The cumulated $22.7 trillion gross debt today is around the total size of our annual economy. But economists and budget experts prefer to exclude from the gross debt figure that portion of the debt already held in government accounts such as the Social Security Trust Fund. Removing that debt from the gross figure results in what is referred to as debt held by the public. Measured this way, public debt still totals nearly $17 trillion.

So, is this number something to be worried about? Yes. The $17 trillion of public debt is nearly 80 percent of America’s annual GDP, which is historically high. Only during World War II did debt held by the public exceed today’s levels. For the last 50 years, debt held by the public has averaged 42 percent. In a very short time period, since 2010, this debt metric has exploded – more than doubled to 80 percent. Left unaddressed, it is expected to reach over 90 percent in 10 years under even the most optimistic assumptions of economic growth.

An important point – this debt is not held only by the American public. During WWII, our debt was held by Americans, mainly in the form of war bonds. Today, over 40 percent of the debt is held by foreign investors. This is not necessarily a bad thing since it means foreign investors see value in purchasing our government debt. As former CBO Director Rudy Penner is fond of saying, “We are the best-looking horse in the glue factory.”

This deficit added to all previous deficits has resulted in federal gross debt exceeding $22.7 trillion.

However, it also means that more and more of the government’s interest payments are going overseas and not back into the pockets of American investors.

Speaking of interest payments, the federal government has been fortunate over the last few years that yields on 3-month Treasury bills and 10-year Treasury notes have been relatively low. But even with average interest rates on debt held by the public at 2.6 percent in 2019, just paying the interest on the cumulative debt means an annual expenditure of over $380 billion. And as more of the debt is owned by foreign borrowers, fewer of these interest payments are returned to domestic investors. Plus, should interest rates rise from their current levels—or revert to the mean as some would say—the fastest growing component of federal spending will not be Social Security or Medicare payments, but simply paying the interest on the public debt.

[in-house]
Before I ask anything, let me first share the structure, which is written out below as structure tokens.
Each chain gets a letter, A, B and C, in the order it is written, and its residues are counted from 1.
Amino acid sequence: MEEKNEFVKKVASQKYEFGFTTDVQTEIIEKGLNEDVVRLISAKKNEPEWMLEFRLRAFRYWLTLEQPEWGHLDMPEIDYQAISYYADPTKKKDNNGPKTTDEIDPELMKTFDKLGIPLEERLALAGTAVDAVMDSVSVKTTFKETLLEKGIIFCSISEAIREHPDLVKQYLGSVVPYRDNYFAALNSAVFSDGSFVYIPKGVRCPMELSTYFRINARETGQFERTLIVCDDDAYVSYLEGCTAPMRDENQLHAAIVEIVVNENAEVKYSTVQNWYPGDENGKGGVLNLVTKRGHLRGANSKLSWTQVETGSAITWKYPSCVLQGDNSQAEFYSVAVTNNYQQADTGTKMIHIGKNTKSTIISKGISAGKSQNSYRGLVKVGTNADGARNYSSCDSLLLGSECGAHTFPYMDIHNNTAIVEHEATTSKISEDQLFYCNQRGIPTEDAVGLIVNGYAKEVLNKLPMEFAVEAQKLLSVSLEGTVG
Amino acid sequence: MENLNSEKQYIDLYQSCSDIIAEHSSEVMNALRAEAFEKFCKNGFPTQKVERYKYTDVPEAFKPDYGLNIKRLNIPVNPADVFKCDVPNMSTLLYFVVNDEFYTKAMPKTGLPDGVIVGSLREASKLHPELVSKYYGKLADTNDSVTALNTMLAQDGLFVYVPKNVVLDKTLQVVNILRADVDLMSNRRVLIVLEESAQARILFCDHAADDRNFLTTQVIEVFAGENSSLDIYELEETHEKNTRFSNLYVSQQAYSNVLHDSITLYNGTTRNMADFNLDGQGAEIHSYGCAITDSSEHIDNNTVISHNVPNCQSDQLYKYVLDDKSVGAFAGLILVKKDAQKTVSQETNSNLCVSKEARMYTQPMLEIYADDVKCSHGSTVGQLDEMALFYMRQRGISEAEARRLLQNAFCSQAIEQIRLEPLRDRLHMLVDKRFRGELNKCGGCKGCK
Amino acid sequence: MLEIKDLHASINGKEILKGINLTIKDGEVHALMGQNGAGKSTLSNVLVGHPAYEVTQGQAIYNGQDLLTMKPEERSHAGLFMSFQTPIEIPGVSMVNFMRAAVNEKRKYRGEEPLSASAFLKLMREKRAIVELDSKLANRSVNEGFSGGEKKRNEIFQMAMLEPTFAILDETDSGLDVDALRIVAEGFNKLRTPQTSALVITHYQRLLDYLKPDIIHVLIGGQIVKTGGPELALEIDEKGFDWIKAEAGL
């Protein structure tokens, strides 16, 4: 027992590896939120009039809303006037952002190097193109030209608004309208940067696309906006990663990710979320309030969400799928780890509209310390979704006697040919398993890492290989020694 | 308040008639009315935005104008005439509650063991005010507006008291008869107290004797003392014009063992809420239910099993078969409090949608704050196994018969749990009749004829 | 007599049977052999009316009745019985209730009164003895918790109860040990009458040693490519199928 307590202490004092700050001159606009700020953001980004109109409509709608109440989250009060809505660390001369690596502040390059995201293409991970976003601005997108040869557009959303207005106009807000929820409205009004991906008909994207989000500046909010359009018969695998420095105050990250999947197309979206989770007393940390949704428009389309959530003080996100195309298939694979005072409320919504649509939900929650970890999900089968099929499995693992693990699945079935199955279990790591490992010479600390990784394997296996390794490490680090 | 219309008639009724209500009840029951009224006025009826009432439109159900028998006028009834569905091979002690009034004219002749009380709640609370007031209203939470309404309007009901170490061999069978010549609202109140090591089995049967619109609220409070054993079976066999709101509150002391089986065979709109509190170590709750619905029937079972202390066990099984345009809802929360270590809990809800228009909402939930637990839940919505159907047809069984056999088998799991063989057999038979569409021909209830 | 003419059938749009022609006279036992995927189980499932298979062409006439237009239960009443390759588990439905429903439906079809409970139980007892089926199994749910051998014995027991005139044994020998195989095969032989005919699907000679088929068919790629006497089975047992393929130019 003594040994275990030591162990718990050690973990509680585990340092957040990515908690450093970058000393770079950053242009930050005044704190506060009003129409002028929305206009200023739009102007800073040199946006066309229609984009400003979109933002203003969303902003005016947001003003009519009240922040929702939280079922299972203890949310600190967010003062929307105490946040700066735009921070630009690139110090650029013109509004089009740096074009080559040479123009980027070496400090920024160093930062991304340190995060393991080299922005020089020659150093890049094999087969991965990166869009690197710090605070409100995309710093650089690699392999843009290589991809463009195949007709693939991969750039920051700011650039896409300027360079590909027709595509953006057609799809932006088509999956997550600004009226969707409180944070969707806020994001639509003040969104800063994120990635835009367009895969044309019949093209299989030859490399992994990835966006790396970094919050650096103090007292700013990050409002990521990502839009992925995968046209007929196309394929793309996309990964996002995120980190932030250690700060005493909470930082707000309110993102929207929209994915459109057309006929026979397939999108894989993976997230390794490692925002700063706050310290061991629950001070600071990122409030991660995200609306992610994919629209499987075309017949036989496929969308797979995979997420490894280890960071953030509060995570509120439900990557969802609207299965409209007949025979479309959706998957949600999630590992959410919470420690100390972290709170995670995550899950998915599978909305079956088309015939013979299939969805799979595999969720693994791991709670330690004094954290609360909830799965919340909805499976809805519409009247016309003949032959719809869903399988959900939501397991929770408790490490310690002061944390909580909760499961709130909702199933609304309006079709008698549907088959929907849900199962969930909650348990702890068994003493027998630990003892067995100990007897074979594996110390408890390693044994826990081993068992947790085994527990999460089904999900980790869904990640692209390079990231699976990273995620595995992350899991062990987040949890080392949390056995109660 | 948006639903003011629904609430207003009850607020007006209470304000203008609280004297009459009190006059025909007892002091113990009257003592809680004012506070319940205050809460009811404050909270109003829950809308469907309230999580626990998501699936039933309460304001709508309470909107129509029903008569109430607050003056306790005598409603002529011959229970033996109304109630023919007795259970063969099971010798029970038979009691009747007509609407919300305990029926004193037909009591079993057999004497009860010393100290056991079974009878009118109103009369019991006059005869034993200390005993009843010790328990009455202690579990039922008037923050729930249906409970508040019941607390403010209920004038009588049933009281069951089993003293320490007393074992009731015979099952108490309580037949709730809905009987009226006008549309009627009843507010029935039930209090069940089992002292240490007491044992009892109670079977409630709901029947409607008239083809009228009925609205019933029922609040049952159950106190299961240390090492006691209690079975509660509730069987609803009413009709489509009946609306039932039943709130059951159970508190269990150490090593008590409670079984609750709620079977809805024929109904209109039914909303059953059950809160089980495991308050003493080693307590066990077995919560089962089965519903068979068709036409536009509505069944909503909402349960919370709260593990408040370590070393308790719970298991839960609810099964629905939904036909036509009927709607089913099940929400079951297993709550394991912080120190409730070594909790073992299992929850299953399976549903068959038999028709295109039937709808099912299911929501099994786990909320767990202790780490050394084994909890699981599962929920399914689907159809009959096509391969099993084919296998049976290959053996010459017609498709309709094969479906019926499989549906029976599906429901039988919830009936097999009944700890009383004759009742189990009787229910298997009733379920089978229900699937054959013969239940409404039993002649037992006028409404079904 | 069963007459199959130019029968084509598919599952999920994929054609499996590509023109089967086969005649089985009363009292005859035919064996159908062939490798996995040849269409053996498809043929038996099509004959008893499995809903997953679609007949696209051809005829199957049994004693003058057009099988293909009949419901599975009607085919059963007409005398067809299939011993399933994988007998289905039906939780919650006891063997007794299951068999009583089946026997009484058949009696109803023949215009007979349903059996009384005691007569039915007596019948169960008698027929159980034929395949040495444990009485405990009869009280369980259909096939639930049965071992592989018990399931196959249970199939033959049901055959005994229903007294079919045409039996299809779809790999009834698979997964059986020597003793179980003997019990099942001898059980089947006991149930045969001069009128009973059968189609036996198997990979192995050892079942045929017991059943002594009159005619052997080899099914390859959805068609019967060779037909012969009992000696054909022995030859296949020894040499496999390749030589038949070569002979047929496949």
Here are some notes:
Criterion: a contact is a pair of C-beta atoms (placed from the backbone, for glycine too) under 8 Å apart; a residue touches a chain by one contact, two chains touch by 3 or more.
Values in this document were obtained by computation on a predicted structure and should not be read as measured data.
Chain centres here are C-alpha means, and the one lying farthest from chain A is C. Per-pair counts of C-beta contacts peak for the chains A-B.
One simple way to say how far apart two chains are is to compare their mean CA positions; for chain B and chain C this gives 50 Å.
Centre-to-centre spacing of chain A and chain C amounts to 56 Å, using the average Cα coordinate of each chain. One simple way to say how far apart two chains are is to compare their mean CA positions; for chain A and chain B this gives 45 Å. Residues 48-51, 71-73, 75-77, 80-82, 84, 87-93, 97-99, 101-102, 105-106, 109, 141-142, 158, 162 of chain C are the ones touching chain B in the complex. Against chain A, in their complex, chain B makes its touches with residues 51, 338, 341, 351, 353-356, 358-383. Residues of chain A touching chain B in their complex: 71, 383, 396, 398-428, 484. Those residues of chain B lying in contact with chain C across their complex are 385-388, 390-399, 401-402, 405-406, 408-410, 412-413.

Which brings us back to deficits – the difference between what we take in and what we spend. It is basic math. The fact is, the annual deficits over recent years have been the result of too much spending unmatched by too few resources to pay for that spending. Going forward, just to stabilize the current debt at 80% of GDP over the next two decades would require increasing revenues by 11% or cutting spending by 10% starting tomorrow – a total of $400 billion.

Finding that savings is a challenge since 70% of the spending in the federal budget is on automatic pilot in the form of benefits promised by previous Congresses and presidents. These so-called entitlements, many tied to an aging demographic, portend continued increased spending into the future if left unchanged. So, only 30 percent is subject to the annual appropriation process.

Clearly, where there is wasteful spending, it should be eliminated. But, at the same time, the public increasingly demands more government spending to improve infrastructure, protect the borders, and boost our health and the environment.

To be sure, a growing economy can produce revenues to fund necessary public spending. However, a tax code that does not result in increased investment and growth but merely reduces taxes to spur current consumption will not address deficits or debt.

Economic growth alone simply cannot solve our fiscal problems. To erase the projected annual deficit of over $1.4 trillion in 2029, the economy would have to grow between 5 and 6 percent annually, more than double the current rate. That is not going to happen.

While there’s plenty of disagreement about how to solve our financial predicament, it’s imperative that our elected officials understand these basic facts about our economy. Tough choices will need to be made, but they should be made based on real data.

G. William Hoagland is a Bipartisan Policy Center senior vice president, helping to direct and manage fiscal, health, and economic policy analyses. He previously served as vice president of public policy for CIGNA Corporation, staff director at the Senate Budget Committee, and director of budget and appropriations in the office of former Senate Majority Leader Bill Frist.